“Do This in Memory of Me”

Holy Thursday
By Fr. Victor Feltes

Did you know that a homily is different from a sermon? A sermon may be about whatever topic the preacher chooses, but a homily must be based upon the liturgy’s readings or prayers, or the particular feast celebrated that day. Rather than a sermon, the Catholic Church directs the preacher to give a homily at Mass, though she usually leaves it up to him to decide which specific theme or themes to highlight from the day’s readings, prayers, or celebration. The Mass of Holy Thursday is one rare exception.

For this evening, the Church requires in the current Third Edition of the Roman Missal: “after the proclamation of the Gospel, the priest gives a homily in which light is shed on the principal mysteries that are commemorated in this Mass, namely, the institution of the Holy Eucharist and the priestly Order, and the commandment of the Lord concerning fraternal charity.” In other words, tonight’s homily must be about Jesus beginning our celebration of the Holy Eucharist, his founding of the New Testament priesthood, and his commandment that we love one another. All three of these themes are reflected in Jesus’ words, “Do this in remembrance (or do this in memory) of me.

On the first Holy Thursday, the night before he died for us, Jesus gathered his disciples for a meal, the Last Supper. While at table, he “took bread, and, after he had given thanks, broke it and said, ‘This is my body that is for you.’” After that, he took a chalice and said, “This cup is the new covenant in my blood.” Before being betrayed in the Garden of Gethsemane, Jesus hands himself over to his disciples. Before suffering his Passion, Jesus’ Body is broken and his Blood is poured. Before his death on the Cross, Jesus offers a sharing in his self-sacrifice. And Jesus says, “Do this in remembrance of me.

Ever since, this “Breaking of the Bread,” this consecrating of the Holy Eucharist, this celebration of the Sacrifice of the Mass, has continued to our day. Read St. Justin Martyr’s Apology, an account from the 150’s A.D. describing how Christians worshipped together on Sundays. You will clearly recognize the elements and structure of the Mass. We have done this ‘in memory of him‘ from the era of the Acts of the Apostles to this very evening.

In commissioning his apostles to “do this in memory of me,” Jesus was ordaining them ministers of this new, Christian Sacrifice. He made them priests of the New Covenant, to lead, and teach, and sanctify his people. Without appointing clear shepherds for his Church on earth, Jesus knew his flock would inevitably scatter. Without priests, there would be no Eucharist to make us one in Christ. Please pray for your priests, please pray for more priests, and if Jesus may be calling you to ordination please do not ignore his call. The priesthood is that important for the salvation of souls.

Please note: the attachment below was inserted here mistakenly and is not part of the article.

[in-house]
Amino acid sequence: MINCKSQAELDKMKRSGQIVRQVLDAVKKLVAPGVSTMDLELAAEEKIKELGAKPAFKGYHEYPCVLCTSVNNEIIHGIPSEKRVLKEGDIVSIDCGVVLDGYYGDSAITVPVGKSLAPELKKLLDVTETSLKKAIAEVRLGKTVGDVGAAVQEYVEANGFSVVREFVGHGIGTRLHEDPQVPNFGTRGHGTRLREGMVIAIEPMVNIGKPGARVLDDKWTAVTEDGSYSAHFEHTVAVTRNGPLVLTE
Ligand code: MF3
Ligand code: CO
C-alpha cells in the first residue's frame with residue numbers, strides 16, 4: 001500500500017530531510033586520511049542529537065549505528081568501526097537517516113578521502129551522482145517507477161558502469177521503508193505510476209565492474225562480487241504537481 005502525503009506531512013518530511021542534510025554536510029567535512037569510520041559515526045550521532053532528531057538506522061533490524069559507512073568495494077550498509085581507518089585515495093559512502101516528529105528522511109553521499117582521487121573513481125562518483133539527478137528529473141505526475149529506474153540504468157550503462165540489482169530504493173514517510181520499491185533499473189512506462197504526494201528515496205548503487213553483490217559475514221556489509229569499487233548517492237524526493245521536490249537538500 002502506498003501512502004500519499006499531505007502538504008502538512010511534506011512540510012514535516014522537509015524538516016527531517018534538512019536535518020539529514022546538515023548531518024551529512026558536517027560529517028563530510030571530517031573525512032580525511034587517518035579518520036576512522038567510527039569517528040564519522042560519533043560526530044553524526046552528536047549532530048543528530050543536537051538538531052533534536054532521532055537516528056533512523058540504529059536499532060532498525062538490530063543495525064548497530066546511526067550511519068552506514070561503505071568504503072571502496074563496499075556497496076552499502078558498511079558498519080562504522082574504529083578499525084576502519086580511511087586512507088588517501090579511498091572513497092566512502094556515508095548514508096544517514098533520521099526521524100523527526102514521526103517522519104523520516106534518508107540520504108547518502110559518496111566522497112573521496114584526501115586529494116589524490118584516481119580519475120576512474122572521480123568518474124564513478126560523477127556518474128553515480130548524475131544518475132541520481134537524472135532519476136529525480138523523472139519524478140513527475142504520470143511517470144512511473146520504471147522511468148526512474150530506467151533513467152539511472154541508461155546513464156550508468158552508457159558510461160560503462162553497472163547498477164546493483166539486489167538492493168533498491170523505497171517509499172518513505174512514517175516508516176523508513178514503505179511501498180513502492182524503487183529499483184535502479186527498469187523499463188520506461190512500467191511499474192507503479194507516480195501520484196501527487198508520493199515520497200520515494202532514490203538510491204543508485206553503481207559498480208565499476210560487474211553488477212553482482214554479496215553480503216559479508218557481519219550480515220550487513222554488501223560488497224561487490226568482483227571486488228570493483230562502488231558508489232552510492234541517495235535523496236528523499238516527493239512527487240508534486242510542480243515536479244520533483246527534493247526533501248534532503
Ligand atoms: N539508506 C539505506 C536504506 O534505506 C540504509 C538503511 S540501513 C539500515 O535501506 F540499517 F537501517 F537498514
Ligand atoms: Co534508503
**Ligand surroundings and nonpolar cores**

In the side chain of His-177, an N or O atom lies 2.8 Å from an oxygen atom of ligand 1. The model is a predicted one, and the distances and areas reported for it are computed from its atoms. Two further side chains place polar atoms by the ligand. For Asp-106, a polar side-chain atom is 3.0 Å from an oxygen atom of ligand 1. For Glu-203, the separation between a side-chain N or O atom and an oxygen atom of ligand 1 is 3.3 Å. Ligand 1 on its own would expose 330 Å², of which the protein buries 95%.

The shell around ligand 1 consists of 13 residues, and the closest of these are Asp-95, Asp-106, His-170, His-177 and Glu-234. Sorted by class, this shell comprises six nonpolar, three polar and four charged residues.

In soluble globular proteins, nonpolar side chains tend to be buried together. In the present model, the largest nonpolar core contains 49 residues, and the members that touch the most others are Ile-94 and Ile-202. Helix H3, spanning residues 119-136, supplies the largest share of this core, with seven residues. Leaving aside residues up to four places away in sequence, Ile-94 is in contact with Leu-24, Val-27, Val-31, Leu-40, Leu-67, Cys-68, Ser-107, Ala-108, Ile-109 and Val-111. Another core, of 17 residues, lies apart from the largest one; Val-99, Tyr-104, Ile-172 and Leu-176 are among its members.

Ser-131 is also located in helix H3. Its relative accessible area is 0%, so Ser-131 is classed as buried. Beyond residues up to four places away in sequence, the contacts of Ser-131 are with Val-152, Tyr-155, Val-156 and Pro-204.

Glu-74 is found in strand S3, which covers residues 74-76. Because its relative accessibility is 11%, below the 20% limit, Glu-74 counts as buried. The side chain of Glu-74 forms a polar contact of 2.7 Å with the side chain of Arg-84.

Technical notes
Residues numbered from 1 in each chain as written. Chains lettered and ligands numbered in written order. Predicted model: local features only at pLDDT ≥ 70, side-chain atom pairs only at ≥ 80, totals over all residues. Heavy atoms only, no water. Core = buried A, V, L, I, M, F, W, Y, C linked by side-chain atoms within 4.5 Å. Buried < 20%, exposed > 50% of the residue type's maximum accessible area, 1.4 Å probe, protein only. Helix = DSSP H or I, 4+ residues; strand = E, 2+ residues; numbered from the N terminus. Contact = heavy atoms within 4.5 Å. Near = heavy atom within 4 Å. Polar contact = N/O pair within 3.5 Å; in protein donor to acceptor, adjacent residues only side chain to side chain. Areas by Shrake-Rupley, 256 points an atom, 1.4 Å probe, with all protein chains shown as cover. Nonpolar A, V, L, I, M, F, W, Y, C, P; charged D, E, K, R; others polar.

Finally, in saying “do this in remembrance of me,” Jesus was not only telling his Church “do this sacrament until I come again.” And Jesus was not just telling his apostles “do this as my priests.” In saying “do this in remembrance of me,” Jesus was telling each of us to love like he does.

Did you know there are no words of consecration to be found in St. John’s Gospel? Jesus saying, ‘This is my body‘ and ‘This is my Blood‘ at the Last Supper is recounted by the other three gospel writers and by St. Paul in his 1st Letter to the Corinthians (as we heard tonight). So why does St. John leave this out? Perhaps, being the last gospel writer, he saw no need to repeat details others had already made well-known. Instead, John’s is the only gospel book which features the story of Jesus washing his disciples’ feet.

This humble, beautiful act of Jesus helps reveal more fully the meaning of his Eucharist Sacrifice. He, the Master and Teacher, washes feet. He, our God and Creator, gives himself as food. He, the King and Holy One, dies on a cross. Jesus does these things for us because he loves us. He says, “I have given you a model to follow, so that as I have done for you, you should also do… Love one another as I have loved you… Do this… do this… in memory of me.

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